ELECTION CANDIDATES VIEWS ON OFAS
Candidates for Parish and District Council elections (and Layla Moran MP) were asked to let us know their view of the Oxford Flood Alleviation Scheme and what they would do about it if elected
What is your view of the Oxford Flood Alleviation Scheme and what you would do about it if elected?
Below are the responses we received from individually emailing all prospective District Councillors, asking them for their views on the proposed Oxford Flood Alleviation Channel (OFAS). Thank you to people who responded. We assume that, where people have not responded, this means that they do not think that OFAS is an important issue.
Debby Hallett (Lib Dem)
The suitability of the Oxford Flood Alleviation Scheme is a massive issue, about which people hold strong opinions.
First off, it's not Vale that will be voting on this; rather it is a planning committee at Oxfordshire County Council who will decide. So no one from the Vale district council or any parish council will get a vote on it. I have been trying to find out an approximate time table for that decision, and first contacted the County Council cabinet member responsible; he said he didn’t know anything about it. (!) I then contacted officers, to be told there’s a tentative date of 5 June.
As a politician, my aim is to support the views of my residents. In this case, views are certainly split. I personally do not have the environmental, flooding, biodiversity, or any other expertise to form an opinion alone, so I rely on experts. But even THEY are divided.
Therefore, my main goal in all this, at the moment, is to do what I can to ensure decision makers have all the relevant information that they need to understand the main ramifications of this scheme, so that the decision they ultimately make will be an informed one. My opinion is that any lay person (meaning someone who doesn't understand for themselves the issues involved, such as me) who thinks they know more than all the various experts, is motivated by something other than seeing the best decision made. That's my personal point of view.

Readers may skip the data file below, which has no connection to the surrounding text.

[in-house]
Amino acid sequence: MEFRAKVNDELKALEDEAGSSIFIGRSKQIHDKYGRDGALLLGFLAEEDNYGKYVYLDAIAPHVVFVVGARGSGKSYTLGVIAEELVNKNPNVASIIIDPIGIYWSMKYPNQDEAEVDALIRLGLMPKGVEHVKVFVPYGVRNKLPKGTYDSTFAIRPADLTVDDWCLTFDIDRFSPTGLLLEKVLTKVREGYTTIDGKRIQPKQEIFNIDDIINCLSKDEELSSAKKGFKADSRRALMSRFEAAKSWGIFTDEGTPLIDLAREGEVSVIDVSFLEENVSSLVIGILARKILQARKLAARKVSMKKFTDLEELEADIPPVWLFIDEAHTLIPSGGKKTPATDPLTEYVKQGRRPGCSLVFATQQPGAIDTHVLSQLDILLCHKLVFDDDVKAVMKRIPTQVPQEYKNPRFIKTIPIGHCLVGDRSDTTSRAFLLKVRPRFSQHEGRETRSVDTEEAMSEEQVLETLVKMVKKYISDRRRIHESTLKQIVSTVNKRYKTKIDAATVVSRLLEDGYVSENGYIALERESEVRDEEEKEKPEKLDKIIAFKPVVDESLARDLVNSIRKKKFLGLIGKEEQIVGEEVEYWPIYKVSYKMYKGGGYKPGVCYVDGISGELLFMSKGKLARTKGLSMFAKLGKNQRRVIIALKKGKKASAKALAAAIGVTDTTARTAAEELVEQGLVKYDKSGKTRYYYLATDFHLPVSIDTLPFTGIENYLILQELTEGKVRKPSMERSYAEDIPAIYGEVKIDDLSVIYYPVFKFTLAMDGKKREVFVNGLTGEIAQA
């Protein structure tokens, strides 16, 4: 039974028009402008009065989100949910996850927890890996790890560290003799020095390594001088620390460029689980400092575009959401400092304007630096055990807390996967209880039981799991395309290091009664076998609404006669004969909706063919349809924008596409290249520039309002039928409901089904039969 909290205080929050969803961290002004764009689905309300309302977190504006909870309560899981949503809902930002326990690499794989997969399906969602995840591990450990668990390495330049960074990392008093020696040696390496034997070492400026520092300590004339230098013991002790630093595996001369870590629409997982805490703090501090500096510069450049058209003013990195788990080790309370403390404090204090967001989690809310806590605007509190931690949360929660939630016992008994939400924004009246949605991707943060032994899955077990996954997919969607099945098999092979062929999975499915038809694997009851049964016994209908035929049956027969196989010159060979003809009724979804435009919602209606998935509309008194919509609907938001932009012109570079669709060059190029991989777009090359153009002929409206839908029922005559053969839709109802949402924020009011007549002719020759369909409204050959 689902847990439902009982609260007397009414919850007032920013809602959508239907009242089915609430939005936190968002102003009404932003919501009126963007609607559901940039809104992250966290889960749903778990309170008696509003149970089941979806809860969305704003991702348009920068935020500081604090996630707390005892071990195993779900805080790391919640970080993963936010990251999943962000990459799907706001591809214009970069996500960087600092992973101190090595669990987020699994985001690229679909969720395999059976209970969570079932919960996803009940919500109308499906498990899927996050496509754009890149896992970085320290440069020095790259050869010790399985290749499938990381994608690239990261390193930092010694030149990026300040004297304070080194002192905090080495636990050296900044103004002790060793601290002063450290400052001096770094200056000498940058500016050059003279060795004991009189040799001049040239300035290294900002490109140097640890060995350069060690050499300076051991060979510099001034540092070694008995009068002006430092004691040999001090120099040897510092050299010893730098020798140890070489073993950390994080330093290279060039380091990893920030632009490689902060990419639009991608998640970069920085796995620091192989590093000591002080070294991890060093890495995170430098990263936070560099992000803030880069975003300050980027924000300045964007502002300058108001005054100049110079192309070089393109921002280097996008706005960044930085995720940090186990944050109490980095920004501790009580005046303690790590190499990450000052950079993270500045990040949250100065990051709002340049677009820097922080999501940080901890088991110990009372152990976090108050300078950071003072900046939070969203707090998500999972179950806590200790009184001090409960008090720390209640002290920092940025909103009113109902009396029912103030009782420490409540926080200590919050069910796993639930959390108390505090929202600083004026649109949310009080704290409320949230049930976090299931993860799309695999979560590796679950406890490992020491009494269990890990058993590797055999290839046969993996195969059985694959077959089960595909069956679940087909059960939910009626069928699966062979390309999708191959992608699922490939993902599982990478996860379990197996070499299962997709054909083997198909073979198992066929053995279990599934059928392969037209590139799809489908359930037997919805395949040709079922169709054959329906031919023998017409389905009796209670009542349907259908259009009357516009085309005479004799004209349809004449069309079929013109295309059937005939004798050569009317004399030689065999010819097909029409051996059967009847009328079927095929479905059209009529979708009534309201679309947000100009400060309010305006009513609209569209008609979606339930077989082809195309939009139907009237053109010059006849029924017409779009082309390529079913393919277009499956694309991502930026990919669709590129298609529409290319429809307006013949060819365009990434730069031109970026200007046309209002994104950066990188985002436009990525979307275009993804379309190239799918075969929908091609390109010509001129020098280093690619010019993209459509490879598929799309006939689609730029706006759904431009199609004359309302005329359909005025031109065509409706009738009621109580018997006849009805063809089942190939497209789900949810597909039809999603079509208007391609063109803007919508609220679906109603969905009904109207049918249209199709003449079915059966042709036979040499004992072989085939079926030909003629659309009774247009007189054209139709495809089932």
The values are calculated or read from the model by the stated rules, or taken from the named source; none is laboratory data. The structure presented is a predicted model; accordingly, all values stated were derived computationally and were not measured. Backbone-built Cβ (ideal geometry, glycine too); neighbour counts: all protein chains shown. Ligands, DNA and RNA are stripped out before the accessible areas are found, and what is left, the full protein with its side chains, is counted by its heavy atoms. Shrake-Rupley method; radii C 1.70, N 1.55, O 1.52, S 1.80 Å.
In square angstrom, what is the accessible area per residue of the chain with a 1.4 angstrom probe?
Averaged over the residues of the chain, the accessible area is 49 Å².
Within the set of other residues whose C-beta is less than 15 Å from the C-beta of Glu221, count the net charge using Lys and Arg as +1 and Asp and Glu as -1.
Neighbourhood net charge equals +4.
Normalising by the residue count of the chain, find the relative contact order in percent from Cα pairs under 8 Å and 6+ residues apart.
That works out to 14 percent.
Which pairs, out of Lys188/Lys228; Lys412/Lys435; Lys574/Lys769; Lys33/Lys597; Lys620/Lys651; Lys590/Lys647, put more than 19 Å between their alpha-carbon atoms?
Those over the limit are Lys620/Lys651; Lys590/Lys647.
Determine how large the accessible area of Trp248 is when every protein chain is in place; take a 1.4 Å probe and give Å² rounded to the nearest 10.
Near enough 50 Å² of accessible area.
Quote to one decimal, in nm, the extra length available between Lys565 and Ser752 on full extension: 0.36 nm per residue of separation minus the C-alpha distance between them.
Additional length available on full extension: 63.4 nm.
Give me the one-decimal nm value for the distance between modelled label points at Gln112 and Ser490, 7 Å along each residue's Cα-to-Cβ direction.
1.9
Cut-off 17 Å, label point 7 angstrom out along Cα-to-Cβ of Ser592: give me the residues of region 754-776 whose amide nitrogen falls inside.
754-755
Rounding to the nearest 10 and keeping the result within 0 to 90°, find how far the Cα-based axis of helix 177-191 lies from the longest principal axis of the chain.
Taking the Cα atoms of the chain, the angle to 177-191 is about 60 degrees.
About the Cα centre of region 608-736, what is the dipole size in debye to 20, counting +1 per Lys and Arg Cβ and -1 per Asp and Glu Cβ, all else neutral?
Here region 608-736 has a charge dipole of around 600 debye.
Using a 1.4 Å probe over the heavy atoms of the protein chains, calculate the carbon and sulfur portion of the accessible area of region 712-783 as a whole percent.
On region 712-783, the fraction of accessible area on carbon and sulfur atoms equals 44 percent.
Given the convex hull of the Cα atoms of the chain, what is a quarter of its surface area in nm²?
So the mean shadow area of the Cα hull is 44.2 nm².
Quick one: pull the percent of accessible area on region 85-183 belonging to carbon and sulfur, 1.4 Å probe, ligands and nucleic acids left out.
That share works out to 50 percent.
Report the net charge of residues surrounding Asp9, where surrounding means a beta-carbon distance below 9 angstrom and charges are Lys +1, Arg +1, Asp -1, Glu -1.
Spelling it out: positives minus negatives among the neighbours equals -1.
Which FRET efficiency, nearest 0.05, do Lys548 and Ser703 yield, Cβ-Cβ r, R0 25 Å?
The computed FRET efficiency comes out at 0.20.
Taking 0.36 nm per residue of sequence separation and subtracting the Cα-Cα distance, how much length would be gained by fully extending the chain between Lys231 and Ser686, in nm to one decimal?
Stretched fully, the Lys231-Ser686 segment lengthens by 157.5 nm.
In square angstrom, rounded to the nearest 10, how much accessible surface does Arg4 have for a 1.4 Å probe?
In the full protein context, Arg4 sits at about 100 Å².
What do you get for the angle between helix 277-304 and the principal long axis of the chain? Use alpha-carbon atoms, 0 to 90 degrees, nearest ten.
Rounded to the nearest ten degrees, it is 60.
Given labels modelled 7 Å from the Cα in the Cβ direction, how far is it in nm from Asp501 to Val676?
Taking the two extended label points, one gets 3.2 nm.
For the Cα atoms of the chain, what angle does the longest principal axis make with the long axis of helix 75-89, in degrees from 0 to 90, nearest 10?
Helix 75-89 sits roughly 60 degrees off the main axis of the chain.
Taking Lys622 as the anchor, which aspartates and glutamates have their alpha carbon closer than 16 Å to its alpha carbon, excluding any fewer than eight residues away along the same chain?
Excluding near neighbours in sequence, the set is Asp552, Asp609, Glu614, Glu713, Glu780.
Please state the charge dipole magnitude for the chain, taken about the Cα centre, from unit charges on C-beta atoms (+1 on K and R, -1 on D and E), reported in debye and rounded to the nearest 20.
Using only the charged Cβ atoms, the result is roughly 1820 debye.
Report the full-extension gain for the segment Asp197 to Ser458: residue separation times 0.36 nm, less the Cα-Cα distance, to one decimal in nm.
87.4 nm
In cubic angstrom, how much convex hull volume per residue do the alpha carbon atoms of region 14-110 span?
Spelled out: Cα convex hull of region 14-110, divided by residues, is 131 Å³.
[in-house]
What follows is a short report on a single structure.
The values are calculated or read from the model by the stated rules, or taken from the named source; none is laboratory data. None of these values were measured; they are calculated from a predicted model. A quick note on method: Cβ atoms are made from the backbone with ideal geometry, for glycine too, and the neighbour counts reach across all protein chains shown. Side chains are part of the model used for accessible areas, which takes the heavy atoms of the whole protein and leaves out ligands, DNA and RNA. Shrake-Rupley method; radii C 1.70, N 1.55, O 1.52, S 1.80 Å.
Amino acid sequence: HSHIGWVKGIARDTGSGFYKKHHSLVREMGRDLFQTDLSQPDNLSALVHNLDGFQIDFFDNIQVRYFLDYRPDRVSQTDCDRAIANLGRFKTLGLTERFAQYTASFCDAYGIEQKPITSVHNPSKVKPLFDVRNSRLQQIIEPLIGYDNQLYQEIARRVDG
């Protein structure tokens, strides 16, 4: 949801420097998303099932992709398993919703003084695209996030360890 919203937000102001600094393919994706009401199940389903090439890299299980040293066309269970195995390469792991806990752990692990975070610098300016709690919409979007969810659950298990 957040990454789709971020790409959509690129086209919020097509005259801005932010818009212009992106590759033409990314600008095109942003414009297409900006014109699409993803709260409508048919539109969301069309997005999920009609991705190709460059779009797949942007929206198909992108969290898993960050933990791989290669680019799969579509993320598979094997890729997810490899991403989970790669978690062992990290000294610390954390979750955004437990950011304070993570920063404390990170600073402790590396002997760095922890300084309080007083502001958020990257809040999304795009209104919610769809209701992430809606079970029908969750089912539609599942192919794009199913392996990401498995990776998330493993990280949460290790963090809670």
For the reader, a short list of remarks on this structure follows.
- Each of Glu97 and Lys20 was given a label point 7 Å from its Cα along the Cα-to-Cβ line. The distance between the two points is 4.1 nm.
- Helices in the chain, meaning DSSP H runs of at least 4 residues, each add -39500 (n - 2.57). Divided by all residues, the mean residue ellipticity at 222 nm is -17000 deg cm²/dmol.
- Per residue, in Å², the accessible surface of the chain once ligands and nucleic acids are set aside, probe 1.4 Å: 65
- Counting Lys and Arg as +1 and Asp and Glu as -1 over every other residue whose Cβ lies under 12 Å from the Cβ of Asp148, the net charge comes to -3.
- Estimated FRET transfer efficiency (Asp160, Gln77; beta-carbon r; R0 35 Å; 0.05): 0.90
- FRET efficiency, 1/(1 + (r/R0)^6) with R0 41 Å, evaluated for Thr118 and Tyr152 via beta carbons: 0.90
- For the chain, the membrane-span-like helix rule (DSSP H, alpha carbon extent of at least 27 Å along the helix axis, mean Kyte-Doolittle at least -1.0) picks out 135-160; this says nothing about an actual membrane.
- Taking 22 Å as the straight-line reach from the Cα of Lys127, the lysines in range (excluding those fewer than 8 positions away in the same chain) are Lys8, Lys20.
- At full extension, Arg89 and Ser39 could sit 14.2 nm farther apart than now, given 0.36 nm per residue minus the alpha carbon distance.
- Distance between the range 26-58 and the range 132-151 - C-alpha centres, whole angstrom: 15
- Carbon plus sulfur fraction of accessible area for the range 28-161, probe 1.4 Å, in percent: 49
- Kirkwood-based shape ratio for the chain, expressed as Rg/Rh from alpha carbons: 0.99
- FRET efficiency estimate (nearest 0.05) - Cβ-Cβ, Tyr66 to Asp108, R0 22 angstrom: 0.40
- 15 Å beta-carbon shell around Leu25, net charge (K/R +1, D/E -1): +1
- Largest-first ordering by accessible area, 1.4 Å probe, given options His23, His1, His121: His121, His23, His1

North Hinksey Parish Council originally objected in May 2022. South Hinksey Parish Council have recently objected. These views can be seen on their websites. Both are mainly against the deep channel, for the harm it causes and the cost. I can’t see that Kennington PC have expressed a view.
Some people are concerned that if we reject the current scheme, there will be no scheme at all, that something is better than nothing. I'm not sure I agree with that. Is it better to have a bad plan, one that damages the environment, costs lots of public money, and provides some benefit to some flood victims? Or, is it better to commit to no plan now, and re-think the approach to a flood alleviation scheme that will do better in terms of environment, efficacy and cost? I think most local people think this plan would be better without the deep channel, but it is very difficult to convince others to change their minds, and the EA seems determined to move forward with the deep channel. County councillors who sit on the planning committee, the people who’ll decide this planning application, may be more amenable to the electorate’s input and views. Activists may want to communicate directly with members of the County Planning Committee.
As to what I can and will do -- Vale officers, at my request, are organizing a meeting of EA reps, relevant Vale officers, and relevant members, to gather for a Q&A session about this project. All of the concerns that have crossed my desk are fair game for questions.
I'm happy to represent your views too. If you can send me any questions you have for them, I will see they are included.
Katherine Phillips (Green)
The Oxford Flood Alleviation Scheme impacts on an area much loved and used by people in this and the adjoining wards including off road routes such as Willow Walk and the Monks Causeway and beautiful green spaces such as Hinksey Meadow.